Ross D. Franklin / AP
Wednesday, Dec. 3, 2014 | 9 p.m.
How does a team leading by 15 go on to lose by 22? Very quickly, it turns out.
UNLV led Arizona State 21-6 less than seven minutes into the game, nearly every shot dropping and everything rolling the Rebels’ way. Then one moment at a time it all started to unravel until you couldn’t be sure this was the same game.
A tie game at halftime turned into a rout as the Sun Devils (5-2) grabbed rebounds and let the Rebels (4-2) shoot themselves to a 24.2 percent field-goal percentage in the second half of a 77-55 loss at Wells Fargo Arena.
“We came out flat out of the locker room, we didn’t execute our plays, we didn’t box out, so that’s what happened,” said freshman Jordan Cornish, who tied for the team lead with 10 points.
Adding injury to insult, UNLV’s leading scorer Rashad Vaughn went down with a noncontact back injury after making a shot and had to be helped to the locker room with about nine minutes remaining. Senior Jelan Kendrick was also limited by a lower back injury he suffered against Albany, and after the game Rice said sophomore guard Kendall Smith, who didn’t make the trip, has asked for his release and will transfer, so the Rebels’ bench was and will continue to be short.
Cornish said he thought it was back spasms for Vaughn, and if that’s the case there’s a chance Vaughn returns Friday night for UNLV’s game against St. Katherine at Orleans Arena.
“He’s a tough kid and I’m sure he’ll do whatever he can to get back out there,” said senior guard Cody Doolin. “We need him.”
There’s a lot this team needs right now, starting with an ability to follow a scouting report. Whether it’s youth, which the Rebels brought up a lot while also saying they don’t want to use that excuse, or the coaches not being able to properly convey their message, what’s clear is it’s not getting through.
Rice talked about how important it would be to defend Jonathan Gilling, the Sun Devils’ best stretch big, yet he was open often. So was the rest of the team. When it wasn’t 3-pointers (ASU hit 11-of-22) it was practically a layup line to the basket in transition.
Throw in 16 second-chance points off 11 offensive rebounds — ASU won the overall rebounding battle 46-32 — and the Rebels weren’t giving themselves any chances to cut into the deficit.
“Communication every day, that’s what we talk about but today we didn’t come out and do it,” Cornish said. “We’ve got to communicate better as a whole, from the locker room to getting on the floor. Coach told us that we have shooters and we just didn’t find them.”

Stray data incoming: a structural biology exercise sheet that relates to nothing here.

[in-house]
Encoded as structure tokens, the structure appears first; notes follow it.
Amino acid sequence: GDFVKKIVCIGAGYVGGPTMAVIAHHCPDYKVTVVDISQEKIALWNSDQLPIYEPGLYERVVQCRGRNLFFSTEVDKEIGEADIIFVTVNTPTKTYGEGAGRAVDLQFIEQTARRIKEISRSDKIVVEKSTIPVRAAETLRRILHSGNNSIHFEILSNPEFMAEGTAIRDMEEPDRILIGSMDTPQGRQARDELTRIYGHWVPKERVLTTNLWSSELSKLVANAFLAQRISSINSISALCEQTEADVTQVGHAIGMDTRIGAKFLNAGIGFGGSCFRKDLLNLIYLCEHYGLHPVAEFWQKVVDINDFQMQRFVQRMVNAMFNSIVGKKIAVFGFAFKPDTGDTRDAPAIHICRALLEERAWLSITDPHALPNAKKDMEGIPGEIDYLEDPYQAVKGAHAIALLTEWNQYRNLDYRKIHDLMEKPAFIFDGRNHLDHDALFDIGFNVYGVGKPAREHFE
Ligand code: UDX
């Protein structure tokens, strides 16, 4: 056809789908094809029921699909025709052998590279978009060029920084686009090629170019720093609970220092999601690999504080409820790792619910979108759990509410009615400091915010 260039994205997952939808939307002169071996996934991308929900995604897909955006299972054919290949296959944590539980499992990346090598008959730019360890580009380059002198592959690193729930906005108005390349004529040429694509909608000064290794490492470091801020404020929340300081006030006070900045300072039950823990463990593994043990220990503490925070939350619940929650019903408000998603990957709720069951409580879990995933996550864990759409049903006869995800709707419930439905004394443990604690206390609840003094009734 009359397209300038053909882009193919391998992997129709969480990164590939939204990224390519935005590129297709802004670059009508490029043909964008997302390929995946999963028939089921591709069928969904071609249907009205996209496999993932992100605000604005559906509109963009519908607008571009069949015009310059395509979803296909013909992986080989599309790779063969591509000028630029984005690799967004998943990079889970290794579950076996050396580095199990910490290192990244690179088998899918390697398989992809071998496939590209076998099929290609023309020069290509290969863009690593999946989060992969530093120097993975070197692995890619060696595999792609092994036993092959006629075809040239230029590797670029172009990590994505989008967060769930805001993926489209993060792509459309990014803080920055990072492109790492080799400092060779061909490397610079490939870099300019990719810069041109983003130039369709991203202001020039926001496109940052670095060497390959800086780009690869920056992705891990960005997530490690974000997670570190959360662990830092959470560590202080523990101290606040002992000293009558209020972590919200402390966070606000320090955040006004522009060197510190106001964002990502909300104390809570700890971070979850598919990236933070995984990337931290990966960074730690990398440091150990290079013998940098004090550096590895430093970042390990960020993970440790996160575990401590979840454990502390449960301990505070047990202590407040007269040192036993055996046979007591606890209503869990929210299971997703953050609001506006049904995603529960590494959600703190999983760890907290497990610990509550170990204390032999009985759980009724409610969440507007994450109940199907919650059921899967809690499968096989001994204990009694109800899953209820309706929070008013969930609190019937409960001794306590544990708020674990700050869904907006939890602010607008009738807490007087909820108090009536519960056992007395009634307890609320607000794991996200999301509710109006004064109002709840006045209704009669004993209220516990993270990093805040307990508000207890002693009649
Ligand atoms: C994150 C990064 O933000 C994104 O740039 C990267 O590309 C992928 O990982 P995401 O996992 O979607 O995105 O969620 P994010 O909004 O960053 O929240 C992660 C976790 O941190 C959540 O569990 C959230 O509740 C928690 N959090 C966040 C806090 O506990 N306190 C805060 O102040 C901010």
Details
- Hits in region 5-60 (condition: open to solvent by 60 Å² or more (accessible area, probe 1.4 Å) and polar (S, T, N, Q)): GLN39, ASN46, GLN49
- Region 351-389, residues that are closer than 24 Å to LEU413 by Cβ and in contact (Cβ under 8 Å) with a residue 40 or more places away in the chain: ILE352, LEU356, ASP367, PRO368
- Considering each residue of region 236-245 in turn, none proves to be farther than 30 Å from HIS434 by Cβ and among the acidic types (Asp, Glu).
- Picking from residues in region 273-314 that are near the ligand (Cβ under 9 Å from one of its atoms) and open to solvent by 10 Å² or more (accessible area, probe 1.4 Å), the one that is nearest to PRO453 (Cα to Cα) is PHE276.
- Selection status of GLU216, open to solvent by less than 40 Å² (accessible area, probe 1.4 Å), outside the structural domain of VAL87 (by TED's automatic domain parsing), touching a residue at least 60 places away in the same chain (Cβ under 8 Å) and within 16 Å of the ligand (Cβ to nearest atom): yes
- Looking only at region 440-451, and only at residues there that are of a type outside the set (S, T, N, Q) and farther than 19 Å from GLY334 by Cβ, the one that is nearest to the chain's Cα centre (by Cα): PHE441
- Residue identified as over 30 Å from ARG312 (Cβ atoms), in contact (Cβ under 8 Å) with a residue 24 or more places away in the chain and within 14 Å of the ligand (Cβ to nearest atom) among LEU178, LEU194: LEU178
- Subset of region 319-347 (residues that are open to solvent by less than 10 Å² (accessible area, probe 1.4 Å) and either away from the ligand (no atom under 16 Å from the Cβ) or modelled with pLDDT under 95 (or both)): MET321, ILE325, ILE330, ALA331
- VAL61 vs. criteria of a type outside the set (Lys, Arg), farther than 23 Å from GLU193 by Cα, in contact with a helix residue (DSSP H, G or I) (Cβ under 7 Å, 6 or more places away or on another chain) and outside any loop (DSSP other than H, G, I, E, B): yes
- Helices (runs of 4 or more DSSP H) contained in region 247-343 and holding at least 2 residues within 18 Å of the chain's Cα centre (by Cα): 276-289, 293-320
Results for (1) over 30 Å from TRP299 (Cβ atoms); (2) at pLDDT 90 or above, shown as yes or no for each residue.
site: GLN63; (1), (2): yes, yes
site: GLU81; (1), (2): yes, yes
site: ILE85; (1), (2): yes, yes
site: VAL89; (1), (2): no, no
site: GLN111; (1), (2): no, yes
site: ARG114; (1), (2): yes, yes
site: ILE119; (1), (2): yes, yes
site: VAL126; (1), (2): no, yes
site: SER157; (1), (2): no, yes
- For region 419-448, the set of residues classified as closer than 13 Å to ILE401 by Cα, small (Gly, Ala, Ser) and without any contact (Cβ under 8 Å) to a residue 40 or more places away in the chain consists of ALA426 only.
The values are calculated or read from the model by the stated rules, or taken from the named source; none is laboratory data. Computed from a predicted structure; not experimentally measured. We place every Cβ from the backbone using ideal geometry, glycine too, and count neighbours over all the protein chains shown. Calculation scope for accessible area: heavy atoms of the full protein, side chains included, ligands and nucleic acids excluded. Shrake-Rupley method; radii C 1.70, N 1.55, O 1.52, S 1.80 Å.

Sophomore Christian Wood shot 2-of-10 while freshmen Pat McCaw and Dwayne Morgan went a combined 5-of-20. Everybody was on fire at the start, but when ASU started to make its run, UNLV’s shot selection went into the dumpster.
“We got a little bit too inpatient and tried to hit too many home runs,” Rice said.
And so far it’s clear that when this team isn’t making shots the defense is out the window, too. Playing good defense throughout shooting slumps is something Rice (and pretty much every other coach) has emphasized for years, but it was clearly absent tonight.
The worst news, assuming Vaughn is OK, might be that this Sun Devils team really isn’t that good. When they’re open they can make shots and coach Herb Sendek’s team certainly isn’t bad, but ASU was coming off a home struggle against Colgate and might finish middle of the pack in the Pac-12.
This is now two losses of at least 20 points against Pac-12 teams, not including the secret scrimmage against UCLA, and both tonight and against Stanford the Rebels crumbled under pressure. The moment was too big, the instructions too difficult to understand or simply not followed, and the end result was a laugher for a small home crowd (5,822) that was prepared to sit on its hands if the Rebels continued their start.
These home fans ended up having a very nice Wednesday night, and while ASU deserves some credit it had much more to do with the team flying back to Las Vegas in search of answers. The Rebels need to look harder for those than they did for open shooters.
“We’re going to be a good basketball team,” Rice said, “we just weren’t very good in the second half.”